For details of Bobby Wolff’s autobiography, The Lone Wolff, contact If you would like to contact Bobby Wolff, please leave a comment at this blog. Reproduced with permission of United Feature Syndicate, Inc., Copyright 2014. If you are interested in reprinting The Aces on Bridge column, contact


Bekir AzginAugust 11th, 2014 at 11:06 am

Dear Mr. Wolf,
What happens if South refuses to cover the Q of diamonds?
All the best,

bobby wolffAugust 11th, 2014 at 11:30 am

Hi Bekir,

First, welcome to

If South ducks the queen of diamonds and then leads one back, even if South then ducks that, West, after winning, should quickly switch to a heart and await what will be a sure set.

I guess it is possible for EW to go astray, but why then would East not have won his ace and then continued with the queen and another, if he held both of those diamond honors? Also when East played the queen he denied holding the jack as well.

However, thanks for injecting that possibility to remind all of the readers how important it is to keep up with the play and always be considering constant changing evidence as it is uncovered.

Both continual counting, matching up the cards played with the bidding, and bridge detective work (then determining who has what left in his hand) are the two great qualities of the best players, making our game supreme over any other.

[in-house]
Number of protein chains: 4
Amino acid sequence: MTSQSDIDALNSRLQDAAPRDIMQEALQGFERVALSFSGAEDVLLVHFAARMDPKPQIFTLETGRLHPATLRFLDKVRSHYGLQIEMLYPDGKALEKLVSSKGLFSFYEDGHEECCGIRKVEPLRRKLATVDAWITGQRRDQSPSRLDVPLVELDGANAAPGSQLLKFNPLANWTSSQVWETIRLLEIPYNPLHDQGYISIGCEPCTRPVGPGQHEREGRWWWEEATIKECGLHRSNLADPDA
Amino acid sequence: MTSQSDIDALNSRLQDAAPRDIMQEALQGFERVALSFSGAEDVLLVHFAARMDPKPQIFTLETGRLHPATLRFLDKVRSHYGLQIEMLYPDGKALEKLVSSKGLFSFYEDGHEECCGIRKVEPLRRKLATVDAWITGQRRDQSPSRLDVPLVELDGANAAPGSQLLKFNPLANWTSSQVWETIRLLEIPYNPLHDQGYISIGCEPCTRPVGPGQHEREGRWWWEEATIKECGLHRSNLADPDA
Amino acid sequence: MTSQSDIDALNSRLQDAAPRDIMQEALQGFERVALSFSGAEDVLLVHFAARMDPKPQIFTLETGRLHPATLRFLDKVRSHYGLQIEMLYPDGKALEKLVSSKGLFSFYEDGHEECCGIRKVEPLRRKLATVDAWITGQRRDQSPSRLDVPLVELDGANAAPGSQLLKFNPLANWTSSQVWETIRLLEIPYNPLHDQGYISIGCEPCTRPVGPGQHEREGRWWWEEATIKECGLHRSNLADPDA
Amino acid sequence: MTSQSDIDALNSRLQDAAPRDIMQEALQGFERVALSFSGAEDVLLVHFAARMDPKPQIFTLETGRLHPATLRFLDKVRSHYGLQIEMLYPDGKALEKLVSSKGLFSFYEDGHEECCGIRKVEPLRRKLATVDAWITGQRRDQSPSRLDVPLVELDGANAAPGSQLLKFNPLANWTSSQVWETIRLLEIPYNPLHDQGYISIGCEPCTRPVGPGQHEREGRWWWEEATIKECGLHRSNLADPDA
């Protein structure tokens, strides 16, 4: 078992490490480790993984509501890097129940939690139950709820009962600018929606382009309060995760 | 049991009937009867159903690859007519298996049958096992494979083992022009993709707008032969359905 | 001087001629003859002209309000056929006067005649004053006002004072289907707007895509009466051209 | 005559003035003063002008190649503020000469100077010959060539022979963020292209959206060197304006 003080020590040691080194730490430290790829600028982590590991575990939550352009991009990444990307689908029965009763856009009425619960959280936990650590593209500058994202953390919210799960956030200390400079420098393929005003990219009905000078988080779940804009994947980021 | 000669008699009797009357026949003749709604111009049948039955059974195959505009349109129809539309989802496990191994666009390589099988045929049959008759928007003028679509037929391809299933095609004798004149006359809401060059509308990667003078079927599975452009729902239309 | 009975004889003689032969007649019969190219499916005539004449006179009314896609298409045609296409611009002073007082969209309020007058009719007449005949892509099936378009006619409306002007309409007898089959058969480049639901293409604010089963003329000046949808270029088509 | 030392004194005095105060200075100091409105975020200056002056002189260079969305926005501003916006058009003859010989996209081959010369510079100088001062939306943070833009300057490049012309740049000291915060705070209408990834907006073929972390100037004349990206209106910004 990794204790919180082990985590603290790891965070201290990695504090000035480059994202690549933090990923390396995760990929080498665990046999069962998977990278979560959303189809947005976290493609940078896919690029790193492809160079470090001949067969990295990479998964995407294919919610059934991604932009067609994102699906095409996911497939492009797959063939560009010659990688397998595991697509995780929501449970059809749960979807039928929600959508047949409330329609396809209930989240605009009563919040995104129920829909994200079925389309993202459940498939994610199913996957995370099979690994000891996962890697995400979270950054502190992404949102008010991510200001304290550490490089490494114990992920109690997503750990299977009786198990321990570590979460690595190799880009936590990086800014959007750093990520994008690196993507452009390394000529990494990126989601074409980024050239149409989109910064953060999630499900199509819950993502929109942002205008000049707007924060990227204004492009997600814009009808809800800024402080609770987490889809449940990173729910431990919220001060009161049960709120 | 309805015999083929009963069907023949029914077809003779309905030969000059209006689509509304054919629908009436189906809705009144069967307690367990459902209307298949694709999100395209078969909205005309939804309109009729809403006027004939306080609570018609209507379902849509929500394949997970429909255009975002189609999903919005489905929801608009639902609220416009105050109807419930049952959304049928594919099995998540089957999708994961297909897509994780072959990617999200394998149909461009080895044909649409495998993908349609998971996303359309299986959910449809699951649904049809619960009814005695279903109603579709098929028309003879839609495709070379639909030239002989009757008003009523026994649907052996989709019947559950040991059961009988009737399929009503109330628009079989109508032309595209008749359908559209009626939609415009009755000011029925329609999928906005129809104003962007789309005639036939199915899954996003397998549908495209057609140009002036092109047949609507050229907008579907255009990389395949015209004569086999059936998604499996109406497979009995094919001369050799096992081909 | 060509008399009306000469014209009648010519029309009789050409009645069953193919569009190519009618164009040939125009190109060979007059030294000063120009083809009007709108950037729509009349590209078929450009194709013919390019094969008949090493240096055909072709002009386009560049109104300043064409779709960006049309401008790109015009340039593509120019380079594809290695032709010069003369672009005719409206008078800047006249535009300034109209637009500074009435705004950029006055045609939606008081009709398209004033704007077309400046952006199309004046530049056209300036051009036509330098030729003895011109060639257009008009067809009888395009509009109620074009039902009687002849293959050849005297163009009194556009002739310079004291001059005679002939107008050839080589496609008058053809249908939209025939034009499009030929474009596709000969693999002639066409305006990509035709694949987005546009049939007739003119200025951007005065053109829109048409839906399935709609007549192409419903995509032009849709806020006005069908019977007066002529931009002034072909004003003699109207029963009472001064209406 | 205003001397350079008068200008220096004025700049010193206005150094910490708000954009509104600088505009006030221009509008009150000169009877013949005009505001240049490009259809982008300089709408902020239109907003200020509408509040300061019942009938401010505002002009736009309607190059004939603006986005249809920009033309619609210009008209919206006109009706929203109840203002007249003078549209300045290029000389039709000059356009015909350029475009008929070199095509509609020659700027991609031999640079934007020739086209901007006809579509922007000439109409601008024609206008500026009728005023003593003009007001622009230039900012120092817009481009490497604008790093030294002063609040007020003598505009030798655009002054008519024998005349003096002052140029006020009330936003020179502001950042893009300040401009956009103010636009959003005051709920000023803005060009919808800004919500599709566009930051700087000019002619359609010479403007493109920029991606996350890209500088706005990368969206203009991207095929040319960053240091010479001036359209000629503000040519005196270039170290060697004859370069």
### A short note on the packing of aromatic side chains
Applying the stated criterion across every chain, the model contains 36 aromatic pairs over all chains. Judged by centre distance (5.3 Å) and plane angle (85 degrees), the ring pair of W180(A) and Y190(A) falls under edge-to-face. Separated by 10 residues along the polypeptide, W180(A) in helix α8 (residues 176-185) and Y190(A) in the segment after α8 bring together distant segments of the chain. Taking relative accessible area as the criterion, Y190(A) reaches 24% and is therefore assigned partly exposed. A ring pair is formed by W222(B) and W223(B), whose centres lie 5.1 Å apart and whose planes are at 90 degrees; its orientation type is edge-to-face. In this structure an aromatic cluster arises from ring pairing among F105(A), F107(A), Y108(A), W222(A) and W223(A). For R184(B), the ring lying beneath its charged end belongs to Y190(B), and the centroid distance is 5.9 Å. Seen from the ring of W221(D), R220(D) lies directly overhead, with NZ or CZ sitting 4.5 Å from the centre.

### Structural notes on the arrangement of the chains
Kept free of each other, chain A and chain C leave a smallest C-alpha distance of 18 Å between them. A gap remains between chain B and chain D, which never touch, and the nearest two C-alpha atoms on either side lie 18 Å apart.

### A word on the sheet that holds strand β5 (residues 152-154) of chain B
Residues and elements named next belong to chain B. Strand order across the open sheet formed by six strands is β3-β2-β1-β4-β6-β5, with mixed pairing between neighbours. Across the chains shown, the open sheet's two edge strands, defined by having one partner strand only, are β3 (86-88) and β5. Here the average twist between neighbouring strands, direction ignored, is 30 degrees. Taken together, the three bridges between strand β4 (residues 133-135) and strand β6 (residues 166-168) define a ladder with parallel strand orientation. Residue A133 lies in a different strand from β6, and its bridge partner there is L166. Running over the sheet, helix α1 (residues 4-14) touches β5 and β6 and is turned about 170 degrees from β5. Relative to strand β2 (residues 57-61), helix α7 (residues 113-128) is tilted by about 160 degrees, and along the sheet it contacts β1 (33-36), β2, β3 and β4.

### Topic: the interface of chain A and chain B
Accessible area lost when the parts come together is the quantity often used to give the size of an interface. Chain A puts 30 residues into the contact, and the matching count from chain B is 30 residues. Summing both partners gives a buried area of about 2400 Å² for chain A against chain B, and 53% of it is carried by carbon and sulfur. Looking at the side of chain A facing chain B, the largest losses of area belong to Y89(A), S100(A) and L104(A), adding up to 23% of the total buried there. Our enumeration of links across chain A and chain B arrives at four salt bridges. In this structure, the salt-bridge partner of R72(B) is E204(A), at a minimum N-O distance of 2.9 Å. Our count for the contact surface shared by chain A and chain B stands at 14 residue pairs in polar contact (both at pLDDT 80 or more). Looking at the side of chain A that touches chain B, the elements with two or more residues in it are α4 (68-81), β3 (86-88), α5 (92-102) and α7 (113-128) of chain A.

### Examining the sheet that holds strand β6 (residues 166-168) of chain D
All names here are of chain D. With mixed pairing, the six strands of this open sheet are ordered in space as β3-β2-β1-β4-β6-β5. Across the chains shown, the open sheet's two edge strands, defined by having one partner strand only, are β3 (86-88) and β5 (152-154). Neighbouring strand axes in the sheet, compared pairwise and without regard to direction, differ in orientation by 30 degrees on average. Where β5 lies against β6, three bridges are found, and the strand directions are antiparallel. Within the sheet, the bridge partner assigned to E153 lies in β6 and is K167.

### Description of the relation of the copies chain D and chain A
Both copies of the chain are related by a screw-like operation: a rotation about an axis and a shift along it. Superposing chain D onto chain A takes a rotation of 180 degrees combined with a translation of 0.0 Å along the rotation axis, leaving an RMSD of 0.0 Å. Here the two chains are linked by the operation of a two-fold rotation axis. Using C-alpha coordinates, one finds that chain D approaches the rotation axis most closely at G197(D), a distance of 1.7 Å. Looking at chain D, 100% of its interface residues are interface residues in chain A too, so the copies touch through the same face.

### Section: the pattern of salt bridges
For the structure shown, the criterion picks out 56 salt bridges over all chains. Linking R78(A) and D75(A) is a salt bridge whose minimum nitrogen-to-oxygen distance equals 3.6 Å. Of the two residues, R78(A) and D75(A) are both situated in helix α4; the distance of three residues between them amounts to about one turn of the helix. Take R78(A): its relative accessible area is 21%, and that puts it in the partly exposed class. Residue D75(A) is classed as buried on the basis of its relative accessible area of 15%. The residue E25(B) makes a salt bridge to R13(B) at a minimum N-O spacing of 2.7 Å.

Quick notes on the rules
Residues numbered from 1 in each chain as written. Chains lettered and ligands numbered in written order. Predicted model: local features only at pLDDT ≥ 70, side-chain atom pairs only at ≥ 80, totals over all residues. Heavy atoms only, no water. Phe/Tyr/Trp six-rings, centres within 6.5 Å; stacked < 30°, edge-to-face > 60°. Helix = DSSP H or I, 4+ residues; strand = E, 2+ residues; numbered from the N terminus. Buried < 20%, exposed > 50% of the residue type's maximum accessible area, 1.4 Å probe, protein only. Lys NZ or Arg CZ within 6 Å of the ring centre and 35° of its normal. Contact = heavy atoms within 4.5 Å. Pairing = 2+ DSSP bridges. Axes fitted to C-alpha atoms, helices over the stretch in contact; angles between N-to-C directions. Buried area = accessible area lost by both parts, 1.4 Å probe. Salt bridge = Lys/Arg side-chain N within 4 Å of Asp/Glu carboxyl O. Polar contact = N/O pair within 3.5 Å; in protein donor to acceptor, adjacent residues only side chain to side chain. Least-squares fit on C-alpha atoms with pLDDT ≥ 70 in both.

Thanks and don’t be a stranger.

Wen TaoAugust 11th, 2014 at 2:49 pm

Hi Mr. Wolff,
Has any West led a heart or diamond instead of spade at trick one? This may sound like Monday morning football; but I am just wondering. Thanks.
Wen Tao

bobby wolffAugust 11th, 2014 at 3:45 pm

Hi Wen Tao,

Your different opening lead than a spade possibly is like Monday morning football, but it has my full endorsement. From West’s point of view declarer figures to certainly have the queen of spades and likely only the Qxx.

So when it looks like a duck, walks like a duck and quacks like a duck, it probably is a duck and by following through it will drown, but only by not leading a spade, but if so, then the diamond switch at trick two is necessary to still get its man.

However, then the bad news is that we would have one less column hand. “It’s an ill wind that blows no good”.

David WarheitAugust 11th, 2014 at 6:20 pm